12. Stewart, M.E.; Anderton, C.R.; Thompson, L.B.; Maria, J.; Gray, S.K.; Rogers, J.A.; Nuzzo, R.G. Nanostructured plasmonic sensors. Chem. Rev. 2008, 108, 494–521. [Google Scholar] [CrossRef] [PubMed]
  13. Giljohann, D.A.; Seferos, D.S.; Daniel, W.L.; Massichn, M.D.; Patel, P.C.; Mirkin, C.A. Gold nanoparticles for biology and medicine. Angew. Chem. Int. Ed. 2010, 49, 3280–3294. [Google Scholar] [CrossRef] [PubMed]
  14. Akimov, Y.A.; Koh, W.S. Resonant and nonresonant plasmonic nanoparticle enhancement for thin-film silicon solar cells. Nanotechnology 2010, 21, 235201. [Google Scholar] [CrossRef] [PubMed]
  15. Ko, H.; Singamaneni, S.; Tsukruk, V.V. Nanostructured surfaces and assemblies as SERS media. Small 2008, 4, 1576–1599. [Google Scholar] [CrossRef] [PubMed]
  16. Paul, S.; Pearson, C.; Molloy, A.; Cousins, M.A.; Green, M.; Kalliopoulou, S.; Dimitrakis, P.; Normand, P.; Tsoukalas, D.; Petty, M.C. Langmuir-Blodgett film deposition of metallic nanoparticles and their application to electronic memory structures. Nano Lett. 2003, 3, 533–536. [Google Scholar] [CrossRef]
  17. Vendelbo, S.B.; Elkjær, C.F.; Falsig, H.; Puspitasari, I.; Dona, P.; Mele, L.; Morana, B.; Nelissen, B.J.; van Rijn, R.; Creemer, J.F.; et al. Visualization of oscillatory behaviour of Pt nanoparticles catalysing CO oxidation. Nat. Mater. 2014, 13, 884–890. [Google Scholar] [CrossRef] [PubMed]
  18. Kozlov, S.M.; Aleksandrov, H.A.; Neyman, K.M. Energetic stability of absorbed H in Pd and Pt nanoparticles in a more realistic environment. J. Phys. Chem. C 2015, 119, 5180–5186. [Google Scholar] [CrossRef]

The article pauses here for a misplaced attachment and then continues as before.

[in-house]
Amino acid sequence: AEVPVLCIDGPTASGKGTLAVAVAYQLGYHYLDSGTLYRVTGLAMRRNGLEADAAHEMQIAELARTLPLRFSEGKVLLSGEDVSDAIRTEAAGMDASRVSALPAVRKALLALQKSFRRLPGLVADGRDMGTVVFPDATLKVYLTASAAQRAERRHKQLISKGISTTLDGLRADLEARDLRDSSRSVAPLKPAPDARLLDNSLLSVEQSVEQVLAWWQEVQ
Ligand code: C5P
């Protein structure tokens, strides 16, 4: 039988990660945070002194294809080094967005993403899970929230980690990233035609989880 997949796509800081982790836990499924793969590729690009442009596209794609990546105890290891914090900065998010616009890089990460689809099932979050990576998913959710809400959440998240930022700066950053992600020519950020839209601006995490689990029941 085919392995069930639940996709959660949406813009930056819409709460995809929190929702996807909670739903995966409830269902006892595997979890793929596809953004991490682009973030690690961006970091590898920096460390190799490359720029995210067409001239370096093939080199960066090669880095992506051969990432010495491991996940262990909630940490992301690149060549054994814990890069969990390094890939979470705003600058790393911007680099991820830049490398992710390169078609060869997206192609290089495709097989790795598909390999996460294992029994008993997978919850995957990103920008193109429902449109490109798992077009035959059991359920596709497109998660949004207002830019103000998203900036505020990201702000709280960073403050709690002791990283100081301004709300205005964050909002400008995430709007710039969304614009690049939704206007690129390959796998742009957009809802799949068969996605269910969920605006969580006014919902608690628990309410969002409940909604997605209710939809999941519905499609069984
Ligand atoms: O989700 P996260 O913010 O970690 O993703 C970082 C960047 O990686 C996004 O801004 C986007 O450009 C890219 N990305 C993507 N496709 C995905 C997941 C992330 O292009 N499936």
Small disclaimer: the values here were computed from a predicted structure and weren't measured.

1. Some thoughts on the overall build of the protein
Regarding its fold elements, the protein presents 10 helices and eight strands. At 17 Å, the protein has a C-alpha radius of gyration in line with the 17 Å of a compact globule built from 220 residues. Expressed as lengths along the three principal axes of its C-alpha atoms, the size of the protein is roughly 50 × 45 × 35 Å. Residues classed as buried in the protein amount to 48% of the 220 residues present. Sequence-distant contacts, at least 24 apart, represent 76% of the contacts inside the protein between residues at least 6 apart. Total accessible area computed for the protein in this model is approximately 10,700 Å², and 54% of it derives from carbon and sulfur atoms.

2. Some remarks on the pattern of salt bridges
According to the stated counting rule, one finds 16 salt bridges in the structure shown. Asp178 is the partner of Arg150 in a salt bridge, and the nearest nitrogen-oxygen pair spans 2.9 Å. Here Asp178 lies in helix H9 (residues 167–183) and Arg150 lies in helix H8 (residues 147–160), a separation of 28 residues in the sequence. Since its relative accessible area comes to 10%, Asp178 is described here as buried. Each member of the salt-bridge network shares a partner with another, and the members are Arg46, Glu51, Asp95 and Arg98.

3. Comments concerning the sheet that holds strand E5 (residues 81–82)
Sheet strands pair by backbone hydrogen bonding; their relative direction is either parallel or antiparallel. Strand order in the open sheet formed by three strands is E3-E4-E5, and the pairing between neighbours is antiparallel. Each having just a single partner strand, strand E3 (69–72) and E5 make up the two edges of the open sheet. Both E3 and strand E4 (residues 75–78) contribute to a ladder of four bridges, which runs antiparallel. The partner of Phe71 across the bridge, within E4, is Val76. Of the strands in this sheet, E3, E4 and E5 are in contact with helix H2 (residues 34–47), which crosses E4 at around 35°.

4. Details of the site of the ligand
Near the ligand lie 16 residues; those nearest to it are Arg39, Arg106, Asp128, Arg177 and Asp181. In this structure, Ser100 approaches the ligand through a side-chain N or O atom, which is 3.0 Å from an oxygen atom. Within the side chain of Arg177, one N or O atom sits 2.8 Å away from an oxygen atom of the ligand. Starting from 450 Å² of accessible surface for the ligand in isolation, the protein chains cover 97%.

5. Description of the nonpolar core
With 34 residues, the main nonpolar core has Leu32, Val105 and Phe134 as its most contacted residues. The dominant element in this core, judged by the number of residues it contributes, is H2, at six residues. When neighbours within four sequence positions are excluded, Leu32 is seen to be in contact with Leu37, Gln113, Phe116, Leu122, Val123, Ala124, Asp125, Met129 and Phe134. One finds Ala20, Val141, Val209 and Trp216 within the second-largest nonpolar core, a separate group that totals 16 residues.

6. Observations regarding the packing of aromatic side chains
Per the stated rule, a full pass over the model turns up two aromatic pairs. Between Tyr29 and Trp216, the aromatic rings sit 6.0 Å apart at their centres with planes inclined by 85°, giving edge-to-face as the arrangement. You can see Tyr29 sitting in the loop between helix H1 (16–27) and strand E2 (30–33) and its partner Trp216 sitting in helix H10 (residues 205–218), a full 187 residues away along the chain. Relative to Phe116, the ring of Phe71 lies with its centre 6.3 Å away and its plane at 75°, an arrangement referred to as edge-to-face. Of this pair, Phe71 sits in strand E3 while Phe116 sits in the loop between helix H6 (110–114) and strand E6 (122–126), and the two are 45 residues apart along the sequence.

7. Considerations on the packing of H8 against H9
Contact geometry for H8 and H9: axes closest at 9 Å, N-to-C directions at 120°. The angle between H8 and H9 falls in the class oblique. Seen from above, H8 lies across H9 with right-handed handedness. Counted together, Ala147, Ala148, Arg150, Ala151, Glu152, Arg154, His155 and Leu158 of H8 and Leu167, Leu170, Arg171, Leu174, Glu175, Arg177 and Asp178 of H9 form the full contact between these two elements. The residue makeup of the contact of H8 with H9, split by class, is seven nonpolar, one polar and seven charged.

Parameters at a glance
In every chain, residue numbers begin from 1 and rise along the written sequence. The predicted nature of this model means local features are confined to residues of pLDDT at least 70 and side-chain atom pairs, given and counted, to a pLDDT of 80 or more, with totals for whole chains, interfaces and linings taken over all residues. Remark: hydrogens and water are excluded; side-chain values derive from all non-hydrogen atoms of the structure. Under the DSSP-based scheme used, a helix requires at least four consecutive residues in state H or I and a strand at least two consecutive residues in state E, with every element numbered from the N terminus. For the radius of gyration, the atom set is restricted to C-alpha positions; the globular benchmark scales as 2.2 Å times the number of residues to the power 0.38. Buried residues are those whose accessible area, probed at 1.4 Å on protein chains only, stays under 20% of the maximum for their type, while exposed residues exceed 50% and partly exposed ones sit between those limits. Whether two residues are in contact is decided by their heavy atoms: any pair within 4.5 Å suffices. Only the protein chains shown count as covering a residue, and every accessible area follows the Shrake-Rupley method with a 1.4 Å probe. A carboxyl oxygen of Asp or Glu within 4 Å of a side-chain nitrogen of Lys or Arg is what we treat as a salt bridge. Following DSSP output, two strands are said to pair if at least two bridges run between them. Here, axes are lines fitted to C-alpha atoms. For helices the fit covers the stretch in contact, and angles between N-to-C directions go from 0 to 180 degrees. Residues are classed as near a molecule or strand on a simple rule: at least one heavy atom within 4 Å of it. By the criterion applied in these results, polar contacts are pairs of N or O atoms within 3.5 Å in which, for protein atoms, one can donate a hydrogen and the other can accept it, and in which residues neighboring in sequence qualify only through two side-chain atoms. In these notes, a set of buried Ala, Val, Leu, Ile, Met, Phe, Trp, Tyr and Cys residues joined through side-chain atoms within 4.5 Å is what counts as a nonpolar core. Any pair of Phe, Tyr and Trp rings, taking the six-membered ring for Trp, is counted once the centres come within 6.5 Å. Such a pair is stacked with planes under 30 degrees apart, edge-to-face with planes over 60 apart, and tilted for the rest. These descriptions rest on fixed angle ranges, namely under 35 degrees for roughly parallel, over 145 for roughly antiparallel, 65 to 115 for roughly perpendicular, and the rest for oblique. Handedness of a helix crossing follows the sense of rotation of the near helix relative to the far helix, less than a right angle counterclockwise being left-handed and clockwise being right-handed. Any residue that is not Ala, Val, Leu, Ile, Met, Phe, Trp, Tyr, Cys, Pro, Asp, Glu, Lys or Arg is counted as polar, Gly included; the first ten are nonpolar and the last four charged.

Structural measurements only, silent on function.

19. Crampton, A.S.; Rötzer, M.D.; Schweinberger, F.F.; Yoon, B.; Landman, U.; Heiz, U. Ethylene hydrogenation on supported Ni, Pd and Pt nanoparticles: Catalyst activity, deactivation and the d-band model. J. Catal. 2016, 333, 51–58. [Google Scholar] [CrossRef]
  20. Zhang, J.; Mo, Y.; Vukmirovic, M.B.; Klie, R.; Sasaki, K.; Adzic, R.R. Platinum monolayer electrocatalysts for O2 reduction: Pt monolayer on Pd(111) and on carbon-supported Pd nanoparticles. J. Phys. Chem. B 2004, 108, 10955–10964. [Google Scholar] [CrossRef]
  21. Park, J.Y. Current Trends of Surface Science and Catalysis; Springer: New York, NY, USA, 2014. [Google Scholar]
  22. Kumar, C. Mixed Metal Nanomaterials; Wiley-VCH: Weinheim, Germany, 2009. [Google Scholar]
  23. Alloyeau, D.; Mottet, C.; Ricolleau, C. (Eds.) Nanoalloys: Synthesis, Structure, and Properties; Springer: London, UK, 2012.
  24. Zaleska-Medynska, A.; Marchelek, M.; Diak, M.; Grabowska, E. Noble metal-based bimetallic nanoparticles: The effect of the structure on the optical, catalytic and photocatalytic properties. Adv. Colloid Interface Sci. 2016, 229, 80–107. [Google Scholar] [CrossRef] [PubMed]
  25. Chen, M.S.; Kumar, D.; Yi, C.W.; Goodman, D.W. The promotional effect of gold in catalysis by palladium-gold. Science 2005, 310, 291–293. [Google Scholar] [CrossRef] [PubMed]
  26. Chen, J.G.; Menning, C.A.; Zellner, M.B. Monolayer bimetallic surfaces: Experimental and theoretical studies of trends in electronic and chemical properties. Surf. Sci. Rep. 2008, 24, 201–254. [Google Scholar] [CrossRef]
  27. Han, Y.F.; Kumar, D.; Goodman, D.W. Particle size effects in vinyl acetate synthesis over Pd/SiO2. J. Catal. 2005, 230, 353–358. [Google Scholar] [CrossRef]
  28. Venezia, A.M.; La Parola, V.; Pawelec, B.; Fierro, J.L.G. Hydrogenation of aromatics over Au-Pd/SiO2-Al2O3 catalysts; support acidity effect. Appl. Catal. A 2004, 264, 43–51. [Google Scholar] [CrossRef]
  29. Toshima, N.; Yonezawa, T. Bimetallic nanoparticles novel materials for chemical and physical applications. New J. Chem. 1998, 1998, 1179–1201. [Google Scholar] [CrossRef]
  30. Zhang, C.; Chen, B.-Q.; Li, Z.-Y.; Xia, Y.; Chen, Y.-G. Surface plasmon resonance in bimetallic core-shell nanoparticles. J. Phys. Chem. C 2015, 119, 16836–16845. [Google Scholar] [CrossRef]